It's often called the medicine of tomorrow.
Stem Cell Therapy uses your own specialized cells to heal certain injuries and specific diseases.
"Stem cells have a pretty promising wide-open future at some point," explains Dr. Bill Allen, a medical ethicist from the University of Florida Health at Shands Hospital in Gainesville.
But across Florida, we've discovered stem cell clinics popping up like med spas and these clinics are offering sick and diseased patients some treatments that are unproven, many unregulated and potentially dangerous.
Dorothy Carver of Melrose, Florida was seeking hope for her 82-year-old husband who was dying of lung disease.
"We thought it was worth a try just to breathe better," she explained when asked what she hoped stem cell therapy would do for him.
Olga Cassady of Port Richey wanted a little more time with her husband, Carl who was also dying of lung disease.
And Maureen Rosen of Ocala was just trying to slow down her bout with chronic obstructive pulmonary disease (COPD).
"I thought this is great, I can go probably years without oxygen," she said after coming across a pitch for stem cell therapy in an ad at a doctor's office.
The Lung Institute offered all three ladies an answer.
Watch the broadcast version of Stem Cell Oversell
"They told me I would feel so much better," said Maureen.
"He'll definitely get some kind of improvement that's what they told me," explained Olga about the Institute's pitch to her.
Inside a downtown Tampa skyscraper the Lung Institute's Florida branch occupies space on two floors. It's website features more than two dozen smiling clients along with claims it's 2-day "minimally invasive" stem cell therapies are "beneficial to patients during any stage of their disease."
But ask Dorothy, Olga and Maureen about their experience with the Lung Institute...
"None, it actually got worse," said Olga about her husband's condition.
"He didn't improve at all. It just really got worse," explained Dorothy.
"It seems like from the day I had it, I started to get worse," said Maureen.
Dr. Allen explains while stem cell therapies offer great promise, its proven use is limited to certain blood disorders and blood cancers.
"We wouldn't call it research if we knew it worked," said Dr. Allen when asked about its effectiveness on other incurable ailments and illnesses like lung diseases and lung cancer.
Call it a stem cell "oversell" that's now prompting the Food & Drug Administration (FDA) to issue a series of warnings advising consumers not to "believe all the hype." We found stem cell clinics promising successful treatments for conditions ranging from wrinkle-reducers and pain management to lung cancers and diseases.
Medical experts in Florida are also concerned consumers are getting duped by clinic pitches overselling the potential benefits of stem cell therapy. Of 570 for-profit stem cell clinics in the U.S. in 2016, 104 were in Florida, second only to California according to Cell Stem Cell, a peer reviewed journal.
"Many of these treatments are experimental," said Dr. Steven Rosenberg of Florida's Board of Medicine which overseas doctors in Florida. "Patients are paying for something no one knows if it works or not," he said.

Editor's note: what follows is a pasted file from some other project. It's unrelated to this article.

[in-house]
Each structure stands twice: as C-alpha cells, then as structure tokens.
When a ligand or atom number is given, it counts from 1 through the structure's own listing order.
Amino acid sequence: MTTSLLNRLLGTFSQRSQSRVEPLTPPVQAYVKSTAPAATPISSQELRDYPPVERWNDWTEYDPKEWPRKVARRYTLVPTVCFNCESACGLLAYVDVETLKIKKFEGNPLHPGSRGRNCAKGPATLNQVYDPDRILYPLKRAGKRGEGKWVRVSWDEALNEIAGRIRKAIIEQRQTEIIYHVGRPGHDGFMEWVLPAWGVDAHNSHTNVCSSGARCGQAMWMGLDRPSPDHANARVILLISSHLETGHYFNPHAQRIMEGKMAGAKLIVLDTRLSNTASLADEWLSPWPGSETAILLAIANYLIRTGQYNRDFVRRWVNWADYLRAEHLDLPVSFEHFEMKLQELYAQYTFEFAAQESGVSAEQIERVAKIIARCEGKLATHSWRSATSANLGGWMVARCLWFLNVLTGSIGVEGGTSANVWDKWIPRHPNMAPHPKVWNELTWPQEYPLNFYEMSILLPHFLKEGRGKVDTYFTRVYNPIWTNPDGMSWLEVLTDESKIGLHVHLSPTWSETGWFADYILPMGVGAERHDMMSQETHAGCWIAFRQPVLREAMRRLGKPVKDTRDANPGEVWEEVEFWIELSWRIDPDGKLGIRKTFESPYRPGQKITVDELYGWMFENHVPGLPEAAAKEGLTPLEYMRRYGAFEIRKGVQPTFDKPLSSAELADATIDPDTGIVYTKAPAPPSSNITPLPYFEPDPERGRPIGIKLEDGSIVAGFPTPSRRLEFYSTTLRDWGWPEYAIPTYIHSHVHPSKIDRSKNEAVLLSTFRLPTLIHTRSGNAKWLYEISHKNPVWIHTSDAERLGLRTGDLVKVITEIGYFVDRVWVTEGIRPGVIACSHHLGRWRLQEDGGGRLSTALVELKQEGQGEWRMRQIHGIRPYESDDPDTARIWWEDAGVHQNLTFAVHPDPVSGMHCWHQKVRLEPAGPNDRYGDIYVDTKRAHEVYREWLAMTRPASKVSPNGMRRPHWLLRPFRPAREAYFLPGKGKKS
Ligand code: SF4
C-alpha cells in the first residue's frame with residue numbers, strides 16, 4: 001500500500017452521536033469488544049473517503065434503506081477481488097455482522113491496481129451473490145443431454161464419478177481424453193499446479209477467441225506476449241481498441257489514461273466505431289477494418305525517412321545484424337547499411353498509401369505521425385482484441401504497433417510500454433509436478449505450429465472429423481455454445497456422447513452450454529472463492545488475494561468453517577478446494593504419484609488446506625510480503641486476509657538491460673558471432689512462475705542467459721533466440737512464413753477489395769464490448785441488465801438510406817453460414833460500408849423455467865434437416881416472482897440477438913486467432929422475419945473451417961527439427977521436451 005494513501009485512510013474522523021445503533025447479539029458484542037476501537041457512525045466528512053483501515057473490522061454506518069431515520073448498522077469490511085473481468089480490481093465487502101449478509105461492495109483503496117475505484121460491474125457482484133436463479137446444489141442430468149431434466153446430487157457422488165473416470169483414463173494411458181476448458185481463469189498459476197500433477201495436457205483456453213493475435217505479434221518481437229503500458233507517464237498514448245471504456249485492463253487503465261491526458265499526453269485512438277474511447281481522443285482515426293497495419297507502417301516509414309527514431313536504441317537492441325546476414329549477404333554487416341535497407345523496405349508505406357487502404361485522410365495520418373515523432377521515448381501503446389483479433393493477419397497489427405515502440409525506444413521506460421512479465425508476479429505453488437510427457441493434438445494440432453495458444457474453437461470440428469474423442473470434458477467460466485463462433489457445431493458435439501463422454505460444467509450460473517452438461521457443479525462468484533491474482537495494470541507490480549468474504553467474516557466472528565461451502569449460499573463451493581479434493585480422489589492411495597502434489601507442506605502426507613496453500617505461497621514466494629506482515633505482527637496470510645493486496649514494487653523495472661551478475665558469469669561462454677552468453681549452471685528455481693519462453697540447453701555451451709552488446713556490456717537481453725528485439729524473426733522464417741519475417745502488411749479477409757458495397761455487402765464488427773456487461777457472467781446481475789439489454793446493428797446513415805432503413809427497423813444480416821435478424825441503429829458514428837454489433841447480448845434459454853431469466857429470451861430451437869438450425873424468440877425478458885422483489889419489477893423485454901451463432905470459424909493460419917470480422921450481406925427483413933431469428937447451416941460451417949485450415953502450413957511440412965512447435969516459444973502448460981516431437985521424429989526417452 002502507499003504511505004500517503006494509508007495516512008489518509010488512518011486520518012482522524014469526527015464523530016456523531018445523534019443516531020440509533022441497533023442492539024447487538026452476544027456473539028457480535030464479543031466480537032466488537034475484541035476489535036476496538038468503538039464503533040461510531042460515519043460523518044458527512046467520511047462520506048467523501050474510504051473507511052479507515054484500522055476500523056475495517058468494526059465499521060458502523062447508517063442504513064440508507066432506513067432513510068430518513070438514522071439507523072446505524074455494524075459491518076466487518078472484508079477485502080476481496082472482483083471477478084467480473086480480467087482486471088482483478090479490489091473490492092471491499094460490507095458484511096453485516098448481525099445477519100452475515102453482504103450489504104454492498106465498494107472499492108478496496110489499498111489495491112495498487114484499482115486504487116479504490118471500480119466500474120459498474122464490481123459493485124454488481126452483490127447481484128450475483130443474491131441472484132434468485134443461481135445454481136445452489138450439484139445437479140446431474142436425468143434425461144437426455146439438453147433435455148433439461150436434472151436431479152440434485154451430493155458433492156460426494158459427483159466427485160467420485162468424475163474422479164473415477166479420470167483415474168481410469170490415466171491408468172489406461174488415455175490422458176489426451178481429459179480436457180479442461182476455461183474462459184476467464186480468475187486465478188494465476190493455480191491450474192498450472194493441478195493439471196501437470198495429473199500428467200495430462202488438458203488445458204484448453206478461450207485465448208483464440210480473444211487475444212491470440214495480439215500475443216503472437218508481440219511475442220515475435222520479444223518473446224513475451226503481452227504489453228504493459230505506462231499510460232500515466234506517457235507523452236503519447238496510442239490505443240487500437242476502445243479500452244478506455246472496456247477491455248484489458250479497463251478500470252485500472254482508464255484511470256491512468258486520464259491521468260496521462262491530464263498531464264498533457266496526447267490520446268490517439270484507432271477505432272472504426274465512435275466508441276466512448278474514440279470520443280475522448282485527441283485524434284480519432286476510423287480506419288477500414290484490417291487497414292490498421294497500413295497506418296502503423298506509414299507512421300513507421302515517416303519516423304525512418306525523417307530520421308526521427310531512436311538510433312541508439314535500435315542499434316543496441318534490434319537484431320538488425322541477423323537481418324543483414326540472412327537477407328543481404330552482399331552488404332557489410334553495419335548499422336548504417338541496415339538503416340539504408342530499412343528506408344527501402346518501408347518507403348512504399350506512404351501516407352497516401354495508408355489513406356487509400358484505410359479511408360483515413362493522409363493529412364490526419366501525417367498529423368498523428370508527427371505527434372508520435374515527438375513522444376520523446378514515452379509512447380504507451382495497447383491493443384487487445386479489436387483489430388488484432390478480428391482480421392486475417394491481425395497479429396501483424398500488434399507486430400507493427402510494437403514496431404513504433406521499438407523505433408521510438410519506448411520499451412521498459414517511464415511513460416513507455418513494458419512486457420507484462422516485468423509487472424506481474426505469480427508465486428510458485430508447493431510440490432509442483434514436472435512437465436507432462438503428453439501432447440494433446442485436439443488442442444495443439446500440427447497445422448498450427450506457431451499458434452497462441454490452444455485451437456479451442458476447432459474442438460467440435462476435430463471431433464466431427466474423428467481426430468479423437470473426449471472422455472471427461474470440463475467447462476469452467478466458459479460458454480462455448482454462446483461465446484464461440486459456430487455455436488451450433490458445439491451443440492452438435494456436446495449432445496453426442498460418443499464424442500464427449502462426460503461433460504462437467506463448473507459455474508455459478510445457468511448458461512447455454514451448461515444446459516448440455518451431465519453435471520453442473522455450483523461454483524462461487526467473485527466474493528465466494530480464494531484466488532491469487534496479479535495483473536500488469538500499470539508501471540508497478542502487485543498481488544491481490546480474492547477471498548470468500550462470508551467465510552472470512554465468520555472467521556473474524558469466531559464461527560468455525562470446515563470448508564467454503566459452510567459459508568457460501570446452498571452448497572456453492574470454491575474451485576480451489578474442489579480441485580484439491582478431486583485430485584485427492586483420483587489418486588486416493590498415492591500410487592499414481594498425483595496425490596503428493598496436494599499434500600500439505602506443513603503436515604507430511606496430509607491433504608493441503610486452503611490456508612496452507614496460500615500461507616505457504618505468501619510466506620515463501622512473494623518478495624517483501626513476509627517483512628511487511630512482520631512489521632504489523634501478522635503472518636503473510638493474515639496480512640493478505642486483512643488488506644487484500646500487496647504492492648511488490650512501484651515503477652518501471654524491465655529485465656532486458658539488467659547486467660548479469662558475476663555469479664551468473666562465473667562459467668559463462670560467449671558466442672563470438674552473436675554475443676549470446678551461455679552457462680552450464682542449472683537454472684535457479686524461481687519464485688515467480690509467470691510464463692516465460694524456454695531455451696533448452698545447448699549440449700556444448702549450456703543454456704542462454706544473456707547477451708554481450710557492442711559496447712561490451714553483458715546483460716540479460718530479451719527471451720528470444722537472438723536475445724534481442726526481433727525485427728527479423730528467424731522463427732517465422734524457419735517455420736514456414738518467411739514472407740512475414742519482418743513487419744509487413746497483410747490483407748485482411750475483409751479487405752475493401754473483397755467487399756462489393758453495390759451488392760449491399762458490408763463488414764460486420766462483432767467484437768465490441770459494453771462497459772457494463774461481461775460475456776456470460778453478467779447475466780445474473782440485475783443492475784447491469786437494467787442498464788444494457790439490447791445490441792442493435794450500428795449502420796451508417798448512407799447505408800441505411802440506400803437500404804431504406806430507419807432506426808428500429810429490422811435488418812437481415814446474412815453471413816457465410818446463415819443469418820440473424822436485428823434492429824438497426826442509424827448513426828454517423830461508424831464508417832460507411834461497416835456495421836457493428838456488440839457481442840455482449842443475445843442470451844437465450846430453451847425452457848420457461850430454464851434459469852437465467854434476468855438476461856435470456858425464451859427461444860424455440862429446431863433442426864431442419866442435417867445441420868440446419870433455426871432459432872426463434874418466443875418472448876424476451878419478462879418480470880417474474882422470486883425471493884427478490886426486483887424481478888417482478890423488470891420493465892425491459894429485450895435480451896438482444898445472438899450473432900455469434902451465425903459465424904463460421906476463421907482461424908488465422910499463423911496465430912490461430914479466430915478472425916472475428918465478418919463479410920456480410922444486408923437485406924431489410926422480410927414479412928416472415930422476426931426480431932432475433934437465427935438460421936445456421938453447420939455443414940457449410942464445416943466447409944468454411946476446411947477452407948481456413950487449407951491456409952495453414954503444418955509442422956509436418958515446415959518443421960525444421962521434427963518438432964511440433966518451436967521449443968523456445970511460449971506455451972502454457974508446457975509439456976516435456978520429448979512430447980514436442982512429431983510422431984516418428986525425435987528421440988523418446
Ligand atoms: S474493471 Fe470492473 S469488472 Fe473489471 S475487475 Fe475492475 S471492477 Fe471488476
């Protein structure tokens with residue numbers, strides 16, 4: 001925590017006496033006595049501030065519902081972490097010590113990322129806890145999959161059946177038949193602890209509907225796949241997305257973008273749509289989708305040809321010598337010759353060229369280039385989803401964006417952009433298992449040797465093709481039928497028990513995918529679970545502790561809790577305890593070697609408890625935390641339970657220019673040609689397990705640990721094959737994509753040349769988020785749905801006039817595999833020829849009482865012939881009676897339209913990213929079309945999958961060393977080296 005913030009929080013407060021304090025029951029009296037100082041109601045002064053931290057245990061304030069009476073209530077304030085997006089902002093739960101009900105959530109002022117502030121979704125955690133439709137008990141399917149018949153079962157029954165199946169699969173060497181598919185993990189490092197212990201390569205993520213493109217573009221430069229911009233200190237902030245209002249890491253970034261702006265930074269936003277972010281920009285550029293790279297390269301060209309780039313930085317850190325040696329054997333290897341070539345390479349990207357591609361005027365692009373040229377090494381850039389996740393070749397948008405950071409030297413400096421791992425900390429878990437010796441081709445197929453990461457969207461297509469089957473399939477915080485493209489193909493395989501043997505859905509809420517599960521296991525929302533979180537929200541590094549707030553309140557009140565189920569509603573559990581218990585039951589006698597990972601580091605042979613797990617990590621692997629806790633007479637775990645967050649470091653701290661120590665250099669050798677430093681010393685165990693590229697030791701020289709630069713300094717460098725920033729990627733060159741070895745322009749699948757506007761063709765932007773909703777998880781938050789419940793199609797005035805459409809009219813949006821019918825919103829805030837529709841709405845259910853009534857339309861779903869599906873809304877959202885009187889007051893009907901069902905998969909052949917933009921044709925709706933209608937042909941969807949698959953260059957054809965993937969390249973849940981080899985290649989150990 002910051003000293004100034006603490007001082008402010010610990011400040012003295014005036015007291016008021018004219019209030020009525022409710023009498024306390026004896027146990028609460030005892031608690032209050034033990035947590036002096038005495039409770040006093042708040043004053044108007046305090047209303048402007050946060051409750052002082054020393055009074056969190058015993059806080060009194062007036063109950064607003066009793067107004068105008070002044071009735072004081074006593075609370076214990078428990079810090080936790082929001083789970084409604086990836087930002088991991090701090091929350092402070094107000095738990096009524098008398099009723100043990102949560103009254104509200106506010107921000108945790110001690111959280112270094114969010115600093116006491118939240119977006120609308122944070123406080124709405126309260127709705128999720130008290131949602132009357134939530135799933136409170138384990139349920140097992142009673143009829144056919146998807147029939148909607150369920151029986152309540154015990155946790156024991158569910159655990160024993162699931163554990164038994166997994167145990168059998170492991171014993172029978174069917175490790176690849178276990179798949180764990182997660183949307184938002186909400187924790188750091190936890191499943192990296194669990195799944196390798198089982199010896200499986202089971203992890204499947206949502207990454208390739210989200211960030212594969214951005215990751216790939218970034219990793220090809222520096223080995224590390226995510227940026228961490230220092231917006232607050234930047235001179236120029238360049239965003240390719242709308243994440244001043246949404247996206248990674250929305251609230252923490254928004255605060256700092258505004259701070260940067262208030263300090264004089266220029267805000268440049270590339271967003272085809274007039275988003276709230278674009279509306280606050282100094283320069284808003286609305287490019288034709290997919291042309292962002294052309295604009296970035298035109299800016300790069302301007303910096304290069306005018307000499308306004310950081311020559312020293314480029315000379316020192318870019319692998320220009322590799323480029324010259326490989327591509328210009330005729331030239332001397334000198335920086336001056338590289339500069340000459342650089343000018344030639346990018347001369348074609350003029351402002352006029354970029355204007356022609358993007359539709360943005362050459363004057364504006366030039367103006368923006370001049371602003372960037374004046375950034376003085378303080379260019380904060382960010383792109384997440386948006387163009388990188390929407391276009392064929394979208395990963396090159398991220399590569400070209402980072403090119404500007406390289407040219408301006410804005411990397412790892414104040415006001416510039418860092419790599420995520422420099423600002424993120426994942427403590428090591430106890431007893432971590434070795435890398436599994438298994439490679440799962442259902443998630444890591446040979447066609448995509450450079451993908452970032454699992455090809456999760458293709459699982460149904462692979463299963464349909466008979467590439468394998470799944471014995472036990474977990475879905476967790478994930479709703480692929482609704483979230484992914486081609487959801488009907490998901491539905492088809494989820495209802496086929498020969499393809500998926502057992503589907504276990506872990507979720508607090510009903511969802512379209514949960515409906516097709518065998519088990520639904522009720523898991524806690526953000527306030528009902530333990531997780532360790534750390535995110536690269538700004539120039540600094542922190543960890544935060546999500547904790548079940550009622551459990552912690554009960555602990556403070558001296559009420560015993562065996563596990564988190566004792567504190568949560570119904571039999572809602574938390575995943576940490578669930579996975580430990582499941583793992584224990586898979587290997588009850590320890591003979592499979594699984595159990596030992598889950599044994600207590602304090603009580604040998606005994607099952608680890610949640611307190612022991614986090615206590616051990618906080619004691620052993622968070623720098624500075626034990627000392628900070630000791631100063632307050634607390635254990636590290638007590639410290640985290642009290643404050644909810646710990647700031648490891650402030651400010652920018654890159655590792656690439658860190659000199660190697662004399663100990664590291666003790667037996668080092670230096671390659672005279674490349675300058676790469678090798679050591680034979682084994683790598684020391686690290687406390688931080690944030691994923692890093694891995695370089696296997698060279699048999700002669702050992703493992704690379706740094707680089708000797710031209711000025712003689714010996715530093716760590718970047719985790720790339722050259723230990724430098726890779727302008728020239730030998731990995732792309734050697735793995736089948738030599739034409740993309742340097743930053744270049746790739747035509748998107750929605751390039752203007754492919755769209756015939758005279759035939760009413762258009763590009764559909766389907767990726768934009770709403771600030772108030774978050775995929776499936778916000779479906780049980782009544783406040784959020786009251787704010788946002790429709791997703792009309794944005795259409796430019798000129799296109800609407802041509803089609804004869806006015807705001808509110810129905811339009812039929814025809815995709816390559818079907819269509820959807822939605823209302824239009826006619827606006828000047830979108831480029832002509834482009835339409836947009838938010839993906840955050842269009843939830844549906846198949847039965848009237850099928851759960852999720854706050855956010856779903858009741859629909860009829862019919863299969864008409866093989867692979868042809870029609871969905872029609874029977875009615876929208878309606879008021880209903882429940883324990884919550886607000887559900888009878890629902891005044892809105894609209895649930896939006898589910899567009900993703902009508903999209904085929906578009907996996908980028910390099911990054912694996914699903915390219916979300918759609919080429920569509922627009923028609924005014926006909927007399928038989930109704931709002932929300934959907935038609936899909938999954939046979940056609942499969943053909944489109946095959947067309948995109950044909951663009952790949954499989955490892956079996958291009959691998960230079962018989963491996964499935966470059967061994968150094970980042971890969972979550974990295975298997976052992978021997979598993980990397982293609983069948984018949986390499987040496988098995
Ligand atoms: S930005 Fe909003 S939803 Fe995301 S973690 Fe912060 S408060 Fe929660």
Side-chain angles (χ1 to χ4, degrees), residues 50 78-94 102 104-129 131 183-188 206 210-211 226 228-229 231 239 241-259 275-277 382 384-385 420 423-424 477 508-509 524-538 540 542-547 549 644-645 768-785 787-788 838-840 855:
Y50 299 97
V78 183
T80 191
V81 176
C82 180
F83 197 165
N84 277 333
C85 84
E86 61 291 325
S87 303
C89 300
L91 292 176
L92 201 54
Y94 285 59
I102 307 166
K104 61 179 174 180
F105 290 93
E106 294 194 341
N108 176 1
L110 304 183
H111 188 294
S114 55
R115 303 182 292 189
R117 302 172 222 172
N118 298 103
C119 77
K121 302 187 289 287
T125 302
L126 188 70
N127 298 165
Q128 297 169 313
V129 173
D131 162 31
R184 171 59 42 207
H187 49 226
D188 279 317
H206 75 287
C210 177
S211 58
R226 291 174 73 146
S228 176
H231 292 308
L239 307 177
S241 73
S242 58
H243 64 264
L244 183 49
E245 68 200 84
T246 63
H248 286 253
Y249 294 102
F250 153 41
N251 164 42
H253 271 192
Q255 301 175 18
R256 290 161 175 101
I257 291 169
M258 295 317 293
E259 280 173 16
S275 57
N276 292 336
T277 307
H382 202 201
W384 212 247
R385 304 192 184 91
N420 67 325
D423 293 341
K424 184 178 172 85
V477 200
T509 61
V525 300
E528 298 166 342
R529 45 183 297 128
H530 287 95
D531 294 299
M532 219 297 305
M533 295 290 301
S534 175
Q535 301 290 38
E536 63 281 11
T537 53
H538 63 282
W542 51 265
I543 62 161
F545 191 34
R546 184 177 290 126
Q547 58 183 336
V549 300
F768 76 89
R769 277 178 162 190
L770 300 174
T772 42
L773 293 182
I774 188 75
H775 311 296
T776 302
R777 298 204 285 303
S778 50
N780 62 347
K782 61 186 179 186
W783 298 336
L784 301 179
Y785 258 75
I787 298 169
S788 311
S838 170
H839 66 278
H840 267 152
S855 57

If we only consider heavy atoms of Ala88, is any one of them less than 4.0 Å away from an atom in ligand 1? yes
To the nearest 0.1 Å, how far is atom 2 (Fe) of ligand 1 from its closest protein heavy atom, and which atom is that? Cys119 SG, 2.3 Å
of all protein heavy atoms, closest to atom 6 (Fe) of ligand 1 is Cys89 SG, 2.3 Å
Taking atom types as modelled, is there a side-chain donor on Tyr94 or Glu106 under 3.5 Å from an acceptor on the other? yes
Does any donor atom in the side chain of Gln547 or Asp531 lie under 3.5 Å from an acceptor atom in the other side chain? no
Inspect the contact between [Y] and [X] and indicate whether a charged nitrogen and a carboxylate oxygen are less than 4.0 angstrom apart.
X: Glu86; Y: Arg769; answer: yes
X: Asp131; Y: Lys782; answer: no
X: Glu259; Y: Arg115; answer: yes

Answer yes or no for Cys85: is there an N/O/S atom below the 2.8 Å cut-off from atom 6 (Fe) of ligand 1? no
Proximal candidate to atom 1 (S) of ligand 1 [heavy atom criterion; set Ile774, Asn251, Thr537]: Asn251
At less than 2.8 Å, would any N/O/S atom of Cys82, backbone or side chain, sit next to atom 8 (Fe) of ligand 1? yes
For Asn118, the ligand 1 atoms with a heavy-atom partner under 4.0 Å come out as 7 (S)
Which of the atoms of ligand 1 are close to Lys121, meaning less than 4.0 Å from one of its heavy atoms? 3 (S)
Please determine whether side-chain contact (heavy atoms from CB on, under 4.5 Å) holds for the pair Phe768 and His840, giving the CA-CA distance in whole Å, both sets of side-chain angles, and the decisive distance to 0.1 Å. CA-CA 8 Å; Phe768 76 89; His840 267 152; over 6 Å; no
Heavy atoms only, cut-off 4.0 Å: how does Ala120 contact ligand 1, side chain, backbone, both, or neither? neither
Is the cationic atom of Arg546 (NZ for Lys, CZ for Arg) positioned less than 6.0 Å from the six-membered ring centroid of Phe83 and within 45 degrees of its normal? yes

Or, whether the therapy could actually make conditions worse.
A few years ago, three women were blinded after a Broward County stem cell clinic sold them on therapy to treat macular degeneration, a progressive eye disease. Kristin Cozeee's mom, Patsy Bade of Sarasota, was among them.
"It ate her eyes. What it's done? It destroyed her life," explained Cozee who was forced to move her family from Kentucky to Florida so she could help her mom with daily activities. The clinic, US Stem Cell, eventually settled with her mom for an undisclosed amount of money.
More lawsuits are being filed against stem clinics around the country including a class action lawsuit filed against the Lung Institute in 2016. In the lawusit, the clinic is accused of offering "sham treatments" based on "sham science and deception," according to court records.
The Lung Institute refused to comment on the lawsuit or allow us into its Tampa clinic. A New York-based PR representative responded to our request for an interview with one line, "the Lung Institute had declined to participate in this story." A closer look at the Lung Institute's website offers a disclaimer at the bottom of its pages that states in part, "the efficacy of treatments are based solely on anecdotal support."
A few months after spending nearly $6000 on stem cell therapy for lung disease, Dorothy Carver's husband, Bill, died of a heart attack.
"I burned everything up that had the Lung Institute on it, I guess I blamed them," said Dorothy.
Olga Cassady's husband Carl, 82, took his last breath six months after his $11,000 treatment there.
And today, Maureen Rosen is weighed down by more than just an oxygen tank.
"Now it's a just a matter of time," she explained about her own fate with COPD.
While there's no proof stem cell therapy caused any additional health problems for Bill Carver, Carl Cassady or Maureen Rosen all are now part of the class action lawsuit against the Lung Institute after being sold on a pitch that tomorrow's medicine might just have been their answer today.
Expert advice on stem cell therapy:
- Be critical about stem cell treatment options for illnesses/ailments
- Ask if the FDA has reviewed the treatment
- Requests the facts and ask questions if you don't understand
- If you want to participate in a clinical trial, experts advise you participate in trials conducted at universities and/or notable research institutions.